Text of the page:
Janet Yellen defended the Federal Reserve’s oversight of Wall Street in the years since the financial crisis, arguing banks are safer, have kept lending and remain profitable, despite claims by the Trump administration and Republican lawmakers that regulations have crippled economic growth.
Janet Yellen defended the Federal Reserve’s oversight of Wall Street in the years since the financial crisis, arguing banks are safer, have kept lending and remain profitable, despite claims by the Trump administration and Republican lawmakers that regulations have crippled economic growth. In congressional testimony Tuesday, the Fed chair disputed the notion that the Dodd-Frank Act has made U.S. lenders less competitive, stating that they are in far better shape than European rivals. Yellen also defended the Fed’s annual assessments of whether the banks can survive severe economic slumps, saying that stress tests have been key to boosting financial stability. And she said she’s seen little data substantiating assertions that small businesses can’t get loans, a frequent Republican attack on Dodd-Frank. “I see well-capitalized banks that are regarded as safe, strong and sound,” Yellen told members of the Senate Banking Committee. U.S. lenders are “capturing market share,” she added.
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Yellen’s comments come as Republicans and President Donald Trump set their sights on rules that they blame for paralyzing the U.S. economy. Trump, who has called Dodd-Frank a “disaster,” signed an executive order earlier this month instructing the Treasury Department to examine financial rules and file a report on its findings within 120 days.
Yellen said that she looks forward to working with Treasury Secretary Steven Mnuchin on the review. She told lawmakers Tuesday that that she agrees with the principles outlined in the administration’s executive order, which include preventing taxpayer bailouts of banks, making regulations more efficient and targeting government policies that might encourage financial executives to take undue risks.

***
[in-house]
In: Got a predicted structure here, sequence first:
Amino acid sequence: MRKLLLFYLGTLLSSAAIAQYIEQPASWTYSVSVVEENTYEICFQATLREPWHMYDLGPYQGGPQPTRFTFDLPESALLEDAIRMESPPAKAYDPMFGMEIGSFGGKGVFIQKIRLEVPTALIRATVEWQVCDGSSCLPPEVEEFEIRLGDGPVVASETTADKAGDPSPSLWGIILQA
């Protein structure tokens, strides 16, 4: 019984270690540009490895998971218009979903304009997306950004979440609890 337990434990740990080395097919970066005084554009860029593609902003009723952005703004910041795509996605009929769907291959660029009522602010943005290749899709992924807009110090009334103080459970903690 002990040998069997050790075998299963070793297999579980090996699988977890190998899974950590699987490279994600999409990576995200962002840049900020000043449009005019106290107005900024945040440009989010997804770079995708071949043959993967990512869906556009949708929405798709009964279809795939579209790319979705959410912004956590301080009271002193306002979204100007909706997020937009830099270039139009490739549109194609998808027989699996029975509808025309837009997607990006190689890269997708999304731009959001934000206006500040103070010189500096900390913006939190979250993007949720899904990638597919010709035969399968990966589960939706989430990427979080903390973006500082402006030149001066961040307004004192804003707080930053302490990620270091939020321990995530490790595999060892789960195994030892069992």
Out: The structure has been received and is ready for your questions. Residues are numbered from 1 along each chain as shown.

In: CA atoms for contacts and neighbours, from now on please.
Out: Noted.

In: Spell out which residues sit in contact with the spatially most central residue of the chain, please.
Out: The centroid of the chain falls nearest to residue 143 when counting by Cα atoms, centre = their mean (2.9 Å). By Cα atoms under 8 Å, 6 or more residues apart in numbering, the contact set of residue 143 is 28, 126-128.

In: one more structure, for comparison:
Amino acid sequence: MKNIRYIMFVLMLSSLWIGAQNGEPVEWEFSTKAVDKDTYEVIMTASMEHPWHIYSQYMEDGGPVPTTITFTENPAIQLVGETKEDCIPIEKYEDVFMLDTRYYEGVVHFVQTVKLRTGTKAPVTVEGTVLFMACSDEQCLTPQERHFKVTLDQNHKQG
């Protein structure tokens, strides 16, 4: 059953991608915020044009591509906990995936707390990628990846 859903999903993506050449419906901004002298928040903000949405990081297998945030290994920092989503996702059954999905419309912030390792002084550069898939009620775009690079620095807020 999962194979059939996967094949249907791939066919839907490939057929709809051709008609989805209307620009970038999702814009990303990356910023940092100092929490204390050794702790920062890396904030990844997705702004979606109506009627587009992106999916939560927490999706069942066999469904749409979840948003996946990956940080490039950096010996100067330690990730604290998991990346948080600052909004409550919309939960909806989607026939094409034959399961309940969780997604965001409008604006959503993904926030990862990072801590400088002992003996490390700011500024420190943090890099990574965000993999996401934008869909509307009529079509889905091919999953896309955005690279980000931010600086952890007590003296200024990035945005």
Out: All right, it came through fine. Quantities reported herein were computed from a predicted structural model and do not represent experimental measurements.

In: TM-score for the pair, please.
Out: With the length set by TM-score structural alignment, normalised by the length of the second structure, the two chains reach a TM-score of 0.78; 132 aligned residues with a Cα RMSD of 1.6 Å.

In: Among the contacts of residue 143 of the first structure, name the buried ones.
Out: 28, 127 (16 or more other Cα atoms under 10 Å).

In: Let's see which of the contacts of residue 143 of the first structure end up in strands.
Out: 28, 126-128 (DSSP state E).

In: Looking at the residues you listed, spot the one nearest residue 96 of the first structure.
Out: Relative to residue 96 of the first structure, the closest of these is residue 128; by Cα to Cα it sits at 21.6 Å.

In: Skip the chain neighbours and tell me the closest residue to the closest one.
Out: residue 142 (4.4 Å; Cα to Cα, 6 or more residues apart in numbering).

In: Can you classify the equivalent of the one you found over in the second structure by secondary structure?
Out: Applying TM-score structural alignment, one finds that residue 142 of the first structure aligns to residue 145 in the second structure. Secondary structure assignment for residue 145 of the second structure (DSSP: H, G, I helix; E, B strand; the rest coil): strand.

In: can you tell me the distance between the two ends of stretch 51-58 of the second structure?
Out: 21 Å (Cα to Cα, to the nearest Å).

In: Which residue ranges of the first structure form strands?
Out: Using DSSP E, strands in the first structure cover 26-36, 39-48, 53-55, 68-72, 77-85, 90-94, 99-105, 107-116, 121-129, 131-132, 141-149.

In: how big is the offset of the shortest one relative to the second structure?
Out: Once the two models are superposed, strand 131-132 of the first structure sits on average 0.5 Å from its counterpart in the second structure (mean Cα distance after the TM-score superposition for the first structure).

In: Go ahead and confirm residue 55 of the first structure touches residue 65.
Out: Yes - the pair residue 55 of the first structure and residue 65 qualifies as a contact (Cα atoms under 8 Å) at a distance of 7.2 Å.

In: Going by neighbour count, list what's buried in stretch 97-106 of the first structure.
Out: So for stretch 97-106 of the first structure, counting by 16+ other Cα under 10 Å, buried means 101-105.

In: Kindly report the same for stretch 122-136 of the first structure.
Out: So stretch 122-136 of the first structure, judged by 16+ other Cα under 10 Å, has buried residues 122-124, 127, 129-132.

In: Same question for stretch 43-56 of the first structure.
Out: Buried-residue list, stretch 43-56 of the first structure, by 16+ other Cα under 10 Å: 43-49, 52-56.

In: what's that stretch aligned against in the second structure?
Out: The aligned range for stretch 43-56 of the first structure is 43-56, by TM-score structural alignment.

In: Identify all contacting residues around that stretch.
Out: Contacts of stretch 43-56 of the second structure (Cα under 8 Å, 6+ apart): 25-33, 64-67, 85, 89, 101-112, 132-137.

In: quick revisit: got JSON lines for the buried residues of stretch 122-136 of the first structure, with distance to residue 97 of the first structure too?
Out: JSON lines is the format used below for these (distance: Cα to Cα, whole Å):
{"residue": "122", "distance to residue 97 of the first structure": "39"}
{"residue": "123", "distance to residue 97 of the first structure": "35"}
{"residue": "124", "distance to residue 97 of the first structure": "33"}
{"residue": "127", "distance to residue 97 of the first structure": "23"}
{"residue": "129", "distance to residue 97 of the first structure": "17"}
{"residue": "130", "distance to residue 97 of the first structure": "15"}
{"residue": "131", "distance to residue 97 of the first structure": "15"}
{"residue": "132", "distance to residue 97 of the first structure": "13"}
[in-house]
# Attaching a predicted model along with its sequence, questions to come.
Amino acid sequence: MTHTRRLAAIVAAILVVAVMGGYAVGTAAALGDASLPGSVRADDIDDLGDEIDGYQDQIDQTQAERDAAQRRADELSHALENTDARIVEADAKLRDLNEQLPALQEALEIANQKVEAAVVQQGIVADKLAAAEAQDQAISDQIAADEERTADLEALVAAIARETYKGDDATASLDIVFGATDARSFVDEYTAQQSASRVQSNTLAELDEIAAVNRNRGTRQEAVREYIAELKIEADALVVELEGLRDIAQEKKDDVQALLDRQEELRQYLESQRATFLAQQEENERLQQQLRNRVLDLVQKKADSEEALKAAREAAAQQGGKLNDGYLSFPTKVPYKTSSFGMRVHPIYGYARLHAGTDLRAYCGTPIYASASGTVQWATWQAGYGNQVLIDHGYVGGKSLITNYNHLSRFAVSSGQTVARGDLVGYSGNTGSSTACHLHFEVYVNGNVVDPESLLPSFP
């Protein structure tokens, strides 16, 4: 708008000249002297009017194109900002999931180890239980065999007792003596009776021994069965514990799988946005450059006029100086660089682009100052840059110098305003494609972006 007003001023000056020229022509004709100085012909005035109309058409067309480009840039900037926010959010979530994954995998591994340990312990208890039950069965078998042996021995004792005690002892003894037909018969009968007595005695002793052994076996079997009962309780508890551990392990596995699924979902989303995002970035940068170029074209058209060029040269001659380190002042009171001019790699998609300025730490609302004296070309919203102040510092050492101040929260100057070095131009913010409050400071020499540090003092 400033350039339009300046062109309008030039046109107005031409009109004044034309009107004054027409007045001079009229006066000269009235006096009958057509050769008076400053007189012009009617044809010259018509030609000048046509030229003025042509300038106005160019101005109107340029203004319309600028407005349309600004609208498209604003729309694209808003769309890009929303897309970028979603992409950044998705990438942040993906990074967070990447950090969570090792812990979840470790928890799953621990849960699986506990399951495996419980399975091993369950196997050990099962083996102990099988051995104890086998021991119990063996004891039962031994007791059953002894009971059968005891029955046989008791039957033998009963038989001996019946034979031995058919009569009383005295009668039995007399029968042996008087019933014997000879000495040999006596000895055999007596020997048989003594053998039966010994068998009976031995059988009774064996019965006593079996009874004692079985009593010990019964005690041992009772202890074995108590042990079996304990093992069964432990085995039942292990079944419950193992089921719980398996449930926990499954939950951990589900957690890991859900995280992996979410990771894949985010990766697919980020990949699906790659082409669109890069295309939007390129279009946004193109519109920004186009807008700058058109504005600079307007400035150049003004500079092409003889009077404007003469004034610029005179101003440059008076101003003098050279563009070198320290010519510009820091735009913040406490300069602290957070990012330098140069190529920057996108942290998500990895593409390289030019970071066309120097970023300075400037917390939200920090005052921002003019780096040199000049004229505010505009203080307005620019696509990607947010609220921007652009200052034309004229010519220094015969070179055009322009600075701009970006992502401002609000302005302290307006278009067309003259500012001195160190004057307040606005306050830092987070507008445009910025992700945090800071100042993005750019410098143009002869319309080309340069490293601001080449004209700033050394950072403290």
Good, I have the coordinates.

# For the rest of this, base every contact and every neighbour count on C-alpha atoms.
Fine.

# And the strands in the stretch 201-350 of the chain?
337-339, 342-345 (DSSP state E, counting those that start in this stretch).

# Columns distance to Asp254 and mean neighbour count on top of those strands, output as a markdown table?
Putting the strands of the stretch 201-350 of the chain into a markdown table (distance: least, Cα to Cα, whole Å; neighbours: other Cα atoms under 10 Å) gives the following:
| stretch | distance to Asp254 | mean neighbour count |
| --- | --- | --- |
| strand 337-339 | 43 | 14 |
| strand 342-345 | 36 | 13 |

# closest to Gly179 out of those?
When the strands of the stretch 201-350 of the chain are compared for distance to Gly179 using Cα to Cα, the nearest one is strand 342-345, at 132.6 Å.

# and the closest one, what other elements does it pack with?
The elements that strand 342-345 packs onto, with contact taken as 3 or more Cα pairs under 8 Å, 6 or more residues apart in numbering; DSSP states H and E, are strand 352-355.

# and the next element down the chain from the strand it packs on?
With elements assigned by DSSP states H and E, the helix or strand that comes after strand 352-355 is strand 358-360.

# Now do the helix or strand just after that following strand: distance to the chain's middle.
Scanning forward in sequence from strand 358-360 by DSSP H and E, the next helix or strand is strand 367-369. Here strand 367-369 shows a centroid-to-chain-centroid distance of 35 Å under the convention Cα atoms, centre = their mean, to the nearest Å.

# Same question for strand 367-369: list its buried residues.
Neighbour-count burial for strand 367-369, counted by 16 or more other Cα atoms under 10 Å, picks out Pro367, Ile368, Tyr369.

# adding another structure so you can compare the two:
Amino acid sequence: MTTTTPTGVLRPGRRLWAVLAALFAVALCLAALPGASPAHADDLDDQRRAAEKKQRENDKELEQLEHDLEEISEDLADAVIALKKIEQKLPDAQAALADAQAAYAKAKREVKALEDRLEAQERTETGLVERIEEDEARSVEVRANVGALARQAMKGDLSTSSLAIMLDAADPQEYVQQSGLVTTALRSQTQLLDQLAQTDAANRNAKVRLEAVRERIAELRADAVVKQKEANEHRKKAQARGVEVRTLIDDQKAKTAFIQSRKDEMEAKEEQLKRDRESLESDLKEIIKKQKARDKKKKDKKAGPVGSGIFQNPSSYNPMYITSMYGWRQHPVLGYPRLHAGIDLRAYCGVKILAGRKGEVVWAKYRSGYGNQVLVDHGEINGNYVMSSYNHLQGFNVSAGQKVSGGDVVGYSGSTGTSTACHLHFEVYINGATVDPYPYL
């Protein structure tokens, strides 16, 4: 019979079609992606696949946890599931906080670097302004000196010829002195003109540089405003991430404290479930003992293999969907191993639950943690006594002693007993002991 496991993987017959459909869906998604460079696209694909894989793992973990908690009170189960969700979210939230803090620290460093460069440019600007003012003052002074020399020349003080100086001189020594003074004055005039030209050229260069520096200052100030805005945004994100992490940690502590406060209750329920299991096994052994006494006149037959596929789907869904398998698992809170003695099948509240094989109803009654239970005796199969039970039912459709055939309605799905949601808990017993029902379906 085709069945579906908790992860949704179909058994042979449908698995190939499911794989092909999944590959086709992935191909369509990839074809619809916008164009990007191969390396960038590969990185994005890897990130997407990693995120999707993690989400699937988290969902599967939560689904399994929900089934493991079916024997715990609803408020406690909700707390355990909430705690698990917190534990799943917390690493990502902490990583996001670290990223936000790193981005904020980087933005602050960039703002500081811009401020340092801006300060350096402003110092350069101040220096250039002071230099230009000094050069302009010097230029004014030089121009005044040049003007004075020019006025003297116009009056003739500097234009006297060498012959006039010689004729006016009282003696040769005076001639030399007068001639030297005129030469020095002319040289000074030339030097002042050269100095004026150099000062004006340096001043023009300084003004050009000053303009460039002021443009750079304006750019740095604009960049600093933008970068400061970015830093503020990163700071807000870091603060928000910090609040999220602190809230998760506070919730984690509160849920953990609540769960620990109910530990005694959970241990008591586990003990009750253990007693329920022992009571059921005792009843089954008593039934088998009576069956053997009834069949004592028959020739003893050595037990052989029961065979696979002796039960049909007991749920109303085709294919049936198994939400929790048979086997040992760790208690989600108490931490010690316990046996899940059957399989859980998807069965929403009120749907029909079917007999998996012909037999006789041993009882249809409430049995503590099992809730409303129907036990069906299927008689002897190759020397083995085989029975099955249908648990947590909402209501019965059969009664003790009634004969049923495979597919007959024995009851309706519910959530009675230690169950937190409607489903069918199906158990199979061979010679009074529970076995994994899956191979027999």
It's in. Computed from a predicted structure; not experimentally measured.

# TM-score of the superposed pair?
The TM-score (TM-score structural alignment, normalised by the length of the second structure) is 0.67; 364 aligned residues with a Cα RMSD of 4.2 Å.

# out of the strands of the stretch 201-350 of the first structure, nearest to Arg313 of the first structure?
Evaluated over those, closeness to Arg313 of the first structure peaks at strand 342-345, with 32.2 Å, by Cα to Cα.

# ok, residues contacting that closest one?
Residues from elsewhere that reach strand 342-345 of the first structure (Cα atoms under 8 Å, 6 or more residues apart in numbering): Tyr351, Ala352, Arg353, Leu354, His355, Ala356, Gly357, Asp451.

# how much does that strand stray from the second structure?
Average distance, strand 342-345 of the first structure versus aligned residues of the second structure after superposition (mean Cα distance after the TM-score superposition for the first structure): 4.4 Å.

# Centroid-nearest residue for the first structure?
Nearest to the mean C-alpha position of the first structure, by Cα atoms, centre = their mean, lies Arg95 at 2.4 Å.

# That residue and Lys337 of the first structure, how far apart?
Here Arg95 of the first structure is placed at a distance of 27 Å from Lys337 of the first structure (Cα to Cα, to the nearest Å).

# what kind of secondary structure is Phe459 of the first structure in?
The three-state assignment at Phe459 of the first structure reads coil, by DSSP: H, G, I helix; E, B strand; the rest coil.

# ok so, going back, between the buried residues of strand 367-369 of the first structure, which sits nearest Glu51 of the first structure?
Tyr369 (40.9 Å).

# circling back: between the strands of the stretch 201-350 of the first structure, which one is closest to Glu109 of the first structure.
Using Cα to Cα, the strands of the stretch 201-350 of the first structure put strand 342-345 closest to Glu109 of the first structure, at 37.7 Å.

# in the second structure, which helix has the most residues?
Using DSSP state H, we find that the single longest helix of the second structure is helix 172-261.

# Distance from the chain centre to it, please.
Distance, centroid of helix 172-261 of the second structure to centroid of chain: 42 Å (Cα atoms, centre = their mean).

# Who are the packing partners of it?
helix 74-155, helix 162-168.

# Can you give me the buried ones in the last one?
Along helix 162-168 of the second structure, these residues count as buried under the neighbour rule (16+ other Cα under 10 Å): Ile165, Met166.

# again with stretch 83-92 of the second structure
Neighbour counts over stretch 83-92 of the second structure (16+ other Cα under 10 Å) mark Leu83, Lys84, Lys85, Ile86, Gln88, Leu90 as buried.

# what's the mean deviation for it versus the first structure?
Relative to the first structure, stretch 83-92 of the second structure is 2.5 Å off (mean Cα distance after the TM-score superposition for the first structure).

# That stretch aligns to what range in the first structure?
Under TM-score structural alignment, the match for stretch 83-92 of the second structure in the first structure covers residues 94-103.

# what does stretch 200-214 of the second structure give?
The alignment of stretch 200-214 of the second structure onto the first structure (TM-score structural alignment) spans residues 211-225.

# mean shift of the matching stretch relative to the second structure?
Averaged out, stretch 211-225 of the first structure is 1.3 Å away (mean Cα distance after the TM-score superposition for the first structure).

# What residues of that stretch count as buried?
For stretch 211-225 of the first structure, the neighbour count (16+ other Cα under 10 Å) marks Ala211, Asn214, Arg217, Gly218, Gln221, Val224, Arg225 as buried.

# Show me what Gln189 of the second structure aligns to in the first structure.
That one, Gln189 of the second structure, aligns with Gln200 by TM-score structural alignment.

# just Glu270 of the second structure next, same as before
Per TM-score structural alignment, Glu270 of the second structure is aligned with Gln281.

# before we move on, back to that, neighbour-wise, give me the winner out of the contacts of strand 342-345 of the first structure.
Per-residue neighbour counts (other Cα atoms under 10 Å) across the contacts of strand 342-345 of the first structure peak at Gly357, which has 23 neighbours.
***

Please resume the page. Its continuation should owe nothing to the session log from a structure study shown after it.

“I certainly do agree with the core principles,” Yellen said. “They enunciate very important goals for our financial system.”
U.S. bankers and their lobbyists have devoted much of their recent attention to the never-filled Fed role of vice chairman for supervision, which was created by Dodd-Frank. Yellen laid out some of her plans for how she’ll treat a Trump appointee to that role, including allowing the person to represent the Fed in international talks over bank rules.
While pointing out that rulemaking is the responsibility of the entire Fed board, Yellen said the vice chairman will lead the board’s bank-supervision committee, personally update Congress on the Fed’s regulatory work and will represent the Fed before international bodies such as the Basel Committee on Banking Supervision.
Yellen, who was appointed by Barack Obama, said she won’t leave the Fed until her term expires in about 12 months. That means that even a vice chairman picked by Trump may have to temporarily defer to her on bank oversight, because the chairman controls the Fed’s agenda.
Senator Pat Toomey, a Pennsylvania Republican, continued his criticism of the Fed’s stress tests Tuesday, urging Yellen to scrap the Comprehensive Capital Analysis & Review portion. She demurred, saying the exams have been a “cornerstone of our efforts to improve supervision.” Yellen did say the agency will “continue to review” its practices for the yearly assessments, which are among banks’ most loathed aspects of Fed oversight.
Yellen separately defended the Fed’s work with foreign counterparts to align oversight of the financial industry.
In a Feb. 10 letter obtained by Bloomberg, she said participating in international talks helps ensure a “strong, stable U.S. economy and financial system.” Yellen made the remarks in response to a demand from Representative Patrick McHenry, a North Carolina Republican, that the Fed halt such negotiations until Trump has a chance to put his own officials in place.